When it comes to hotel operations, no times are more interesting than these, to borrow that oft-quoted Chinese curse (or blessing, depending on your perspective): "May you live in interesting times."
Competition in many lodging markets is more intense than ever. Guest expectations, particularly with respect to anytime, anywhere mobile engagement and information access, are through the roof.
Hoteliers face a variety of other challenges, too, from rising labor costs and onerous OTA commissions to competitive threats from disruptive business innovation, home-sharing models being an obvious example. In short, the world is changing fast and hoteliers cannot afford to sit back and relax.
Perhaps the biggest challenge — and, also, the biggest opportunity — relates to the increasingly large role that technologies play in enhancing the quality of the guest experience. Foremost amongst these technologies are next-generation cloud property management systems (PMS). Most hoteliers who haven't already upgraded to a cloud platform plan to do so shortly, if only to keep pace with others in the same competitive set.
And while even the most advanced cloud PMS cannot address all the challenges hoteliers face, it can address many of them while setting the stage for continuous performance improvement.
The allure of the cloud is undeniable. Oft-cited benefits include elimination of on-site server hardware (and the day-to-day maintenance that goes with it) and software that is continually updated with the latest features and functionality, without the need to purchase and install each new release.
Also, with a cloud solution it becomes much easier to integrate data from different sources and integrate other technologies. What's more, a cloud solution usually allows for nimble technology stacks. If part of the integrated system becomes obsolete or fails, for whatever reason, new software can be readily plugged in to replace it.
Hotels have come to embrace the cloud somewhat belatedly compared to other industries. Some of the "blame" for the lagging cloud movement lands squarely with the hotel brands themselves. On-property legacy system solutions, including proprietary technology stacks built by internal IT departments for exorbitant sums of money, have, ironically, become a hinderance to achieving optimal hotel performance.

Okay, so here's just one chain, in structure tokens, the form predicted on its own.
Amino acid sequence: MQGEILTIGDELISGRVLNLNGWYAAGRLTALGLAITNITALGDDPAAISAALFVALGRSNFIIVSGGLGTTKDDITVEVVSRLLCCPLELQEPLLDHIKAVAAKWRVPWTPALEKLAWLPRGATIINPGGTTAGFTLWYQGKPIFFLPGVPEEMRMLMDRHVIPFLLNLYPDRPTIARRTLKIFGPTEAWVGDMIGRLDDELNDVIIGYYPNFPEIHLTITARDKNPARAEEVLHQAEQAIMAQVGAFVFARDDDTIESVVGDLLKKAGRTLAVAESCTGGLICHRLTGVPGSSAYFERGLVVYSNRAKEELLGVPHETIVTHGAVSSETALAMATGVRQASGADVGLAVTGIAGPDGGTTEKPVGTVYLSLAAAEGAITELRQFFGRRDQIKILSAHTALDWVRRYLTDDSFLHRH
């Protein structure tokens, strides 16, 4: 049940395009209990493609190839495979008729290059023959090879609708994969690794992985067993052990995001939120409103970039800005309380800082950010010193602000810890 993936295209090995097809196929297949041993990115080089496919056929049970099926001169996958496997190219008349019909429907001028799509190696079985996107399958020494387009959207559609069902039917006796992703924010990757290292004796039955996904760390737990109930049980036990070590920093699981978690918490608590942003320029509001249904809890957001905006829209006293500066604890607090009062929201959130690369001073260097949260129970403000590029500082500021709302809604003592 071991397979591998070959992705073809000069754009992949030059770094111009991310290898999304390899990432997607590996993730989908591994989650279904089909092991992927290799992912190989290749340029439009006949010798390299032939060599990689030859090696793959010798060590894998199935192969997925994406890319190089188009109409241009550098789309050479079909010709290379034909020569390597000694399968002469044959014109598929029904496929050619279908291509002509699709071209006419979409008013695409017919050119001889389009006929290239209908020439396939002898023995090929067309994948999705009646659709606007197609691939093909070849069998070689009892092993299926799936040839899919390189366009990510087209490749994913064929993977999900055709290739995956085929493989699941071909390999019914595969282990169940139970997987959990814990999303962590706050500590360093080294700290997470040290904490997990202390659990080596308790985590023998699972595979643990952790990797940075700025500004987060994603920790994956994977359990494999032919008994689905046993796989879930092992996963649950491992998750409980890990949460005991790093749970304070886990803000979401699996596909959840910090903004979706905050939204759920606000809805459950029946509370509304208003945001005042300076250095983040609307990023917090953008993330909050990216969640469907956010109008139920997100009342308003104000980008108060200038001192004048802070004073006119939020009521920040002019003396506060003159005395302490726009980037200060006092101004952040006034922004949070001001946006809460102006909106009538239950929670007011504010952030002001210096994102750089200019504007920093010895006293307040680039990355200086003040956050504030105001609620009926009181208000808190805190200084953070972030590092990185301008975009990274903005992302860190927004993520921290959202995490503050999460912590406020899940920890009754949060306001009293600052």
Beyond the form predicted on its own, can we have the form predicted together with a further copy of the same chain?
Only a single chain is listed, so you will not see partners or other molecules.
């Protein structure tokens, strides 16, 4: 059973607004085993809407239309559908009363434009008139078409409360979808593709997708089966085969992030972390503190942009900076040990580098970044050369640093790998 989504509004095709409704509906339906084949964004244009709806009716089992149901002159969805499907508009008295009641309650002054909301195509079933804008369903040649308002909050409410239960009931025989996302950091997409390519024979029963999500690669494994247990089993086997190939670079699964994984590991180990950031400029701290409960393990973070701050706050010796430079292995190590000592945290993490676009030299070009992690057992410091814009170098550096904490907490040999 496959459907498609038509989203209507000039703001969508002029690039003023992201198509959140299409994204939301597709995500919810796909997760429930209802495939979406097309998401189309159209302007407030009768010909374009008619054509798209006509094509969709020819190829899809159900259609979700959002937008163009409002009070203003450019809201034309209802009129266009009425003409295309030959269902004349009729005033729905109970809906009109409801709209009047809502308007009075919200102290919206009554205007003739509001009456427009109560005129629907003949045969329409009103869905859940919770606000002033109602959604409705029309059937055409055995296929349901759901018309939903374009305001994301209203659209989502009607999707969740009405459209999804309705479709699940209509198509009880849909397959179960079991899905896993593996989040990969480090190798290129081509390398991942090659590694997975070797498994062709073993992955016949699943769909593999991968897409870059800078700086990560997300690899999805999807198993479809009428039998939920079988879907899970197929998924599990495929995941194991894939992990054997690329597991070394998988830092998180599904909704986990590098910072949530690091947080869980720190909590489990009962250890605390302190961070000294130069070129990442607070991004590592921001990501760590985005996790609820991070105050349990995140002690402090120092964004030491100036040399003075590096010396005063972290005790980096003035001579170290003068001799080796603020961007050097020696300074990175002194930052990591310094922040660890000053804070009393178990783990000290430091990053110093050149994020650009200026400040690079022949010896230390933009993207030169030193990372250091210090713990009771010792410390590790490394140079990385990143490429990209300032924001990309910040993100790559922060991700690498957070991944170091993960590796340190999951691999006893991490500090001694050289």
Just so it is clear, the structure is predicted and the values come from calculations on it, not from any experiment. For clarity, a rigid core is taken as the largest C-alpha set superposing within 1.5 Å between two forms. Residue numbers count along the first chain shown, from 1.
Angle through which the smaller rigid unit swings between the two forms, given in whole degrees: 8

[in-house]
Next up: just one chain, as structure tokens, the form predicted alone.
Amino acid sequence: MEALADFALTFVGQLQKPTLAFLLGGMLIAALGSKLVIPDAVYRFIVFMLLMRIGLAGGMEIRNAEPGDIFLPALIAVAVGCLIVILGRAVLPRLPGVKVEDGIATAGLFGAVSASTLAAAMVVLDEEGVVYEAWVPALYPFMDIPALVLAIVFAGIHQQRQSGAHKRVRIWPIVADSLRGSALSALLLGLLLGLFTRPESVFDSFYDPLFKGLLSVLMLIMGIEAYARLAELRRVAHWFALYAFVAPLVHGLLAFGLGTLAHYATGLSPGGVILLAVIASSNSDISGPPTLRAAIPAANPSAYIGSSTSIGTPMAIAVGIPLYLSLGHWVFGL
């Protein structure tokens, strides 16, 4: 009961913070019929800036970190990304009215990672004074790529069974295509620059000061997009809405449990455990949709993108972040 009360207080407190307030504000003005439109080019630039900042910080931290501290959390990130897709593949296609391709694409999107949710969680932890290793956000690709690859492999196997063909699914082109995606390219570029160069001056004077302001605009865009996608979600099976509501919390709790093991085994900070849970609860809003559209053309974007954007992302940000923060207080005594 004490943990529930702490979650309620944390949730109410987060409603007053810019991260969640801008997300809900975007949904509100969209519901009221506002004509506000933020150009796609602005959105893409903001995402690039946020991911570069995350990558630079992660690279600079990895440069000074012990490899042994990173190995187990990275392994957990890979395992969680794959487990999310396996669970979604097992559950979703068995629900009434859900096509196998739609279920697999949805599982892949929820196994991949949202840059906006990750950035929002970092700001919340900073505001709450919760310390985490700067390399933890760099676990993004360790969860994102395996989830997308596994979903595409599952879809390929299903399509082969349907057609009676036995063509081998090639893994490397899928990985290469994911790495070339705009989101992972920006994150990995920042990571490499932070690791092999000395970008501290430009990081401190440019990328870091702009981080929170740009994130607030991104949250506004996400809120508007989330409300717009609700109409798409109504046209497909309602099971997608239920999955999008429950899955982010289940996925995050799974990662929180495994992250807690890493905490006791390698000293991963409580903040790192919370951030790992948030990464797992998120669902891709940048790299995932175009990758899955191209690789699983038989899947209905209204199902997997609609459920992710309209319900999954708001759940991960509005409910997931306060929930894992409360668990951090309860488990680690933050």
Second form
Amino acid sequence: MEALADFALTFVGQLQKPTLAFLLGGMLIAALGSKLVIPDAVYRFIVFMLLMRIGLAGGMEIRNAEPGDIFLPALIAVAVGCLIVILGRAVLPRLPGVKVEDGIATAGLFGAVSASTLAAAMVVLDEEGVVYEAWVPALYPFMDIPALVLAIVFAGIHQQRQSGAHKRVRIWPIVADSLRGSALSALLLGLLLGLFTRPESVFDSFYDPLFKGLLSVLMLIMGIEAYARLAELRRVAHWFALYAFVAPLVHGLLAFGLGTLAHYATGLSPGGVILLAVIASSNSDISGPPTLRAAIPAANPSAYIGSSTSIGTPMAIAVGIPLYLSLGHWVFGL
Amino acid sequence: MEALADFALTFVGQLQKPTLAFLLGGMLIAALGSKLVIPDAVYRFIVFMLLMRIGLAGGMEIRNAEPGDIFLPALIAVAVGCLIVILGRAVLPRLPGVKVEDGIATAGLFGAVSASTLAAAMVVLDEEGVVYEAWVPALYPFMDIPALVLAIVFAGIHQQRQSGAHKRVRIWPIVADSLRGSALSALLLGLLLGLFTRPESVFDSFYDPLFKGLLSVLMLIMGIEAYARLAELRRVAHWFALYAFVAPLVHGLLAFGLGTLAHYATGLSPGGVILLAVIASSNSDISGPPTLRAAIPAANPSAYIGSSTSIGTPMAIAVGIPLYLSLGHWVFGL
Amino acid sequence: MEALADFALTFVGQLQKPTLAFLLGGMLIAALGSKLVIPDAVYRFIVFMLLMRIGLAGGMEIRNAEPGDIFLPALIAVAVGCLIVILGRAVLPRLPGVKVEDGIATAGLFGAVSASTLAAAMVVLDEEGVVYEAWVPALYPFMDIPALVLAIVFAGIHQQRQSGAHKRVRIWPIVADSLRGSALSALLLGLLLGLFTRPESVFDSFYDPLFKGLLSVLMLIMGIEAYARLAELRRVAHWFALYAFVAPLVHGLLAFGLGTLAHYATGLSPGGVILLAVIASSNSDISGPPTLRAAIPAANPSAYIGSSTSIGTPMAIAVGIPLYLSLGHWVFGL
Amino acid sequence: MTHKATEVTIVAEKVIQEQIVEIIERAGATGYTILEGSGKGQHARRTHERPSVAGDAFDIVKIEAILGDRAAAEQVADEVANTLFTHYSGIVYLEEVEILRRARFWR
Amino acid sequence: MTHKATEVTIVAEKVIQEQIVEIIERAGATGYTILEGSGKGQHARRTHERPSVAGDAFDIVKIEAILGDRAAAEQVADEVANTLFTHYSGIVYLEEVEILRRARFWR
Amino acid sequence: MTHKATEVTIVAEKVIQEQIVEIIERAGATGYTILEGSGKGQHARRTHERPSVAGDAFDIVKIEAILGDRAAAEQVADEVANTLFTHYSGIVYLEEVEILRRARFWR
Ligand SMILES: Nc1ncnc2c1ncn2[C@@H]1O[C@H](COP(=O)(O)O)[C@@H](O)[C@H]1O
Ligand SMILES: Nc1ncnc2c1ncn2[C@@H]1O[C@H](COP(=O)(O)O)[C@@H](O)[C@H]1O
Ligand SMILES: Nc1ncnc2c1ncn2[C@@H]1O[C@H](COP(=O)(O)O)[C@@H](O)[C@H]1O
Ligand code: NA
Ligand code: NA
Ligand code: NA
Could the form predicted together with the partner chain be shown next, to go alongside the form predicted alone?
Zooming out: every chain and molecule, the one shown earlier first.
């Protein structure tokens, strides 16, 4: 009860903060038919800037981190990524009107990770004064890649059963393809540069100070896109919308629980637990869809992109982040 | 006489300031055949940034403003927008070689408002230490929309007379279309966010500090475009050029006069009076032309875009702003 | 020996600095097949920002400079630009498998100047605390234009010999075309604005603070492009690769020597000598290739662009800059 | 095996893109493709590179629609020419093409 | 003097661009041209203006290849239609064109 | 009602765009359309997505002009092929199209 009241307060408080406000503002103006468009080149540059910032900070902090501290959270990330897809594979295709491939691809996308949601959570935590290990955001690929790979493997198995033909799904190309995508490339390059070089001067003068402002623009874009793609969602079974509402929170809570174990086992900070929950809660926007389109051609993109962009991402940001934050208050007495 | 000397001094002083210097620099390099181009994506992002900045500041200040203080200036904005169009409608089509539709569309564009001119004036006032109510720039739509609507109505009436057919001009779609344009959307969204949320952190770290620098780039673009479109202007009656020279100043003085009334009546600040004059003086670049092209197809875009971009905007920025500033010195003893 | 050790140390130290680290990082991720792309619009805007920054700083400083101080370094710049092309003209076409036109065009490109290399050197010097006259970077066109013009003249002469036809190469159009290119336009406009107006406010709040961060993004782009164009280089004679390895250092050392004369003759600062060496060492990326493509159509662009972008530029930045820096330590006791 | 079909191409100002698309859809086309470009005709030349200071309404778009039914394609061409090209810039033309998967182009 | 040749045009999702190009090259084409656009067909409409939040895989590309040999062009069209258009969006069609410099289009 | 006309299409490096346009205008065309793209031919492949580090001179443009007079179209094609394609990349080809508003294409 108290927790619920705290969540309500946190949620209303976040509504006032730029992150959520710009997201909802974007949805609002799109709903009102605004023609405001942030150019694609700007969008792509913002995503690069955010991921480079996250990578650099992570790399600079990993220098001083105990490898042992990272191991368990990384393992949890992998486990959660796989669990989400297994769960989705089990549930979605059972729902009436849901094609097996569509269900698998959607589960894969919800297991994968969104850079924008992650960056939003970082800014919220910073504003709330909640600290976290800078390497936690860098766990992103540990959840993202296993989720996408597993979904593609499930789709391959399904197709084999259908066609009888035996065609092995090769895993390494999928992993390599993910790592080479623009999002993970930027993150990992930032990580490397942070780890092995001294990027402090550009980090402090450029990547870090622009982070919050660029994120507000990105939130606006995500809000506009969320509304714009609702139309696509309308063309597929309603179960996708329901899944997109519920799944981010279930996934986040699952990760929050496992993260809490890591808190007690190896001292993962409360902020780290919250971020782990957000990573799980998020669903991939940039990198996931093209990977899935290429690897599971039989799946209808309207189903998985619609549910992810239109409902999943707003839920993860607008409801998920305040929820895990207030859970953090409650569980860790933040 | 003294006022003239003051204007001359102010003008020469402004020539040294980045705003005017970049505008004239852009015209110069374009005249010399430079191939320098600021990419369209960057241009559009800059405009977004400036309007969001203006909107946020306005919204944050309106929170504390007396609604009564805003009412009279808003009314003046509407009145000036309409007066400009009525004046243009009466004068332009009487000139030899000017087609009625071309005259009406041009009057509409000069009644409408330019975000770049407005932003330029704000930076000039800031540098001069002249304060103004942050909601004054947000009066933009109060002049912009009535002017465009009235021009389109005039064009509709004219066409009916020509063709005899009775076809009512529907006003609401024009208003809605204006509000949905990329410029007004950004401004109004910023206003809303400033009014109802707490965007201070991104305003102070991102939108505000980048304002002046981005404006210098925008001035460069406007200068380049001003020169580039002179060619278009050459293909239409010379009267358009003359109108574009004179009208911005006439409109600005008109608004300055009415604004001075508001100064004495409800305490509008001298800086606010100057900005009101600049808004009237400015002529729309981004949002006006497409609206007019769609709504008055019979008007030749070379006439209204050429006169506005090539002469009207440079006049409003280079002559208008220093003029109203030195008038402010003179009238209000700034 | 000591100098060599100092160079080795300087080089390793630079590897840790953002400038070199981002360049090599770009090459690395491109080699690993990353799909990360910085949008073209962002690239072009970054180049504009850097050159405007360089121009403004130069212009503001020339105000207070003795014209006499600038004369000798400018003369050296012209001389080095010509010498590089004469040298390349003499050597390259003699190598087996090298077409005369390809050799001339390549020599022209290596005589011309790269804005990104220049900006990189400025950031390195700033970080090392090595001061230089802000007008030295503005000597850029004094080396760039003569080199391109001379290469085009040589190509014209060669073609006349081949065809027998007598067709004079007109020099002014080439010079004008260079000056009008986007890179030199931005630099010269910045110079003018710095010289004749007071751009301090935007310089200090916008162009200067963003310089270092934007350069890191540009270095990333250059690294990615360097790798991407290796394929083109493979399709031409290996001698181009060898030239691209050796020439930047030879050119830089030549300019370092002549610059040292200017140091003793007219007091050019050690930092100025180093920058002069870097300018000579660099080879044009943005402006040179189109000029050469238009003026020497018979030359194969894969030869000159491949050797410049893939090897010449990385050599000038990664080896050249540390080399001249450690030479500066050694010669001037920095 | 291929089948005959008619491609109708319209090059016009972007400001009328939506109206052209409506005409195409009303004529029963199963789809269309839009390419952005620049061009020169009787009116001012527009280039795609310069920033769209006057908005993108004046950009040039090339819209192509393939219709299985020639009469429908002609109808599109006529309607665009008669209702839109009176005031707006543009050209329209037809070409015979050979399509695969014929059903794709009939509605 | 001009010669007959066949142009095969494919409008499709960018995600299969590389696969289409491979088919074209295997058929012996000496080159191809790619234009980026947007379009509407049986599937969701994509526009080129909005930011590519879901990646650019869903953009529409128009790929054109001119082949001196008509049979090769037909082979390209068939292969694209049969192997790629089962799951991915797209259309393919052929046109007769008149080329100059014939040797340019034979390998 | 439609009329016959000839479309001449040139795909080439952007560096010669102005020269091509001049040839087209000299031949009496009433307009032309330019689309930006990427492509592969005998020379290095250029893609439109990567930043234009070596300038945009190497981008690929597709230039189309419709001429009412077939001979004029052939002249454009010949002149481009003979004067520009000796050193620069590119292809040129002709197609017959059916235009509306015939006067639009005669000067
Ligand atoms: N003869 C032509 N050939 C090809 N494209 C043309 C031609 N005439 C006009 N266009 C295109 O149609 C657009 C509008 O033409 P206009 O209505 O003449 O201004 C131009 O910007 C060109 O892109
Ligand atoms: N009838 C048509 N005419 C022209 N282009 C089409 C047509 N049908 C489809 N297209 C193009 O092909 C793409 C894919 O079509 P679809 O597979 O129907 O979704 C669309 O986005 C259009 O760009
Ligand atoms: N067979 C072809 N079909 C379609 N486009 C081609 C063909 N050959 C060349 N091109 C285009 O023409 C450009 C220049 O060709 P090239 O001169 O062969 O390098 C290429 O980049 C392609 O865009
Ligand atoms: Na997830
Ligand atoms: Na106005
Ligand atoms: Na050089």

Having underestimated the need to migrate their product road map to the cloud, and hamstrung with legacy installations across thousands of customers, some major solution providers are also to "blame."
As if to make up for lost time, hoteliers are now upgrading to next-generation cloud solutions in record numbers. Today nobody questions the cost savings that come from streamlining operations across all hotel functions and all parts of the property (or properties).
By now, everyone can agree that having a cloud PMS is a prerequisite to improving guest satisfaction, speeding guest services — from check-in and housekeeping to concierge and maintenance response times — and enabling guest-facing interfaces, including self-service options. Hoteliers know that only by harnessing the power of data and analytics — core features of a cloud PMS — can they present guests with relevant and personalized offers, messages and treatments, further engendering satisfaction and loyalty.
But buyer beware: Not all cloud solutions billed as "next-generation" are worthy of that description. For that matter, not all cloud solutions are even truly cloud solutions. Fact is, some legacy on-premise solution providers, eager to jump on the cloud PMS bandwagon, engaged in what is commonly known as "cloud-washing."
Even today, solutions billed as cloud-based may not, in fact, be true cloud solutions. It is important to understand the difference between a "true cloud solution" and a "fake cloud solution."
Whereas the latter is built on software originally designed to run on-premise, a true cloud solution is built from the ground up, coded to perform as a fully-hosted cloud solution and optimized for tablet and mobile use. The solution provider hosts the solution across hundreds of servers and with multiple levels of data redundancy in a multi-tenant "pure cloud' environment. Customers typically access the same solution via an internet browser, allowing for instantaneous product upgrades.
A customization platform maintains property-specific changes following these software upgrades so that customers can gain immediate access to the latest functionality without having to re-implement custom changes and integrations.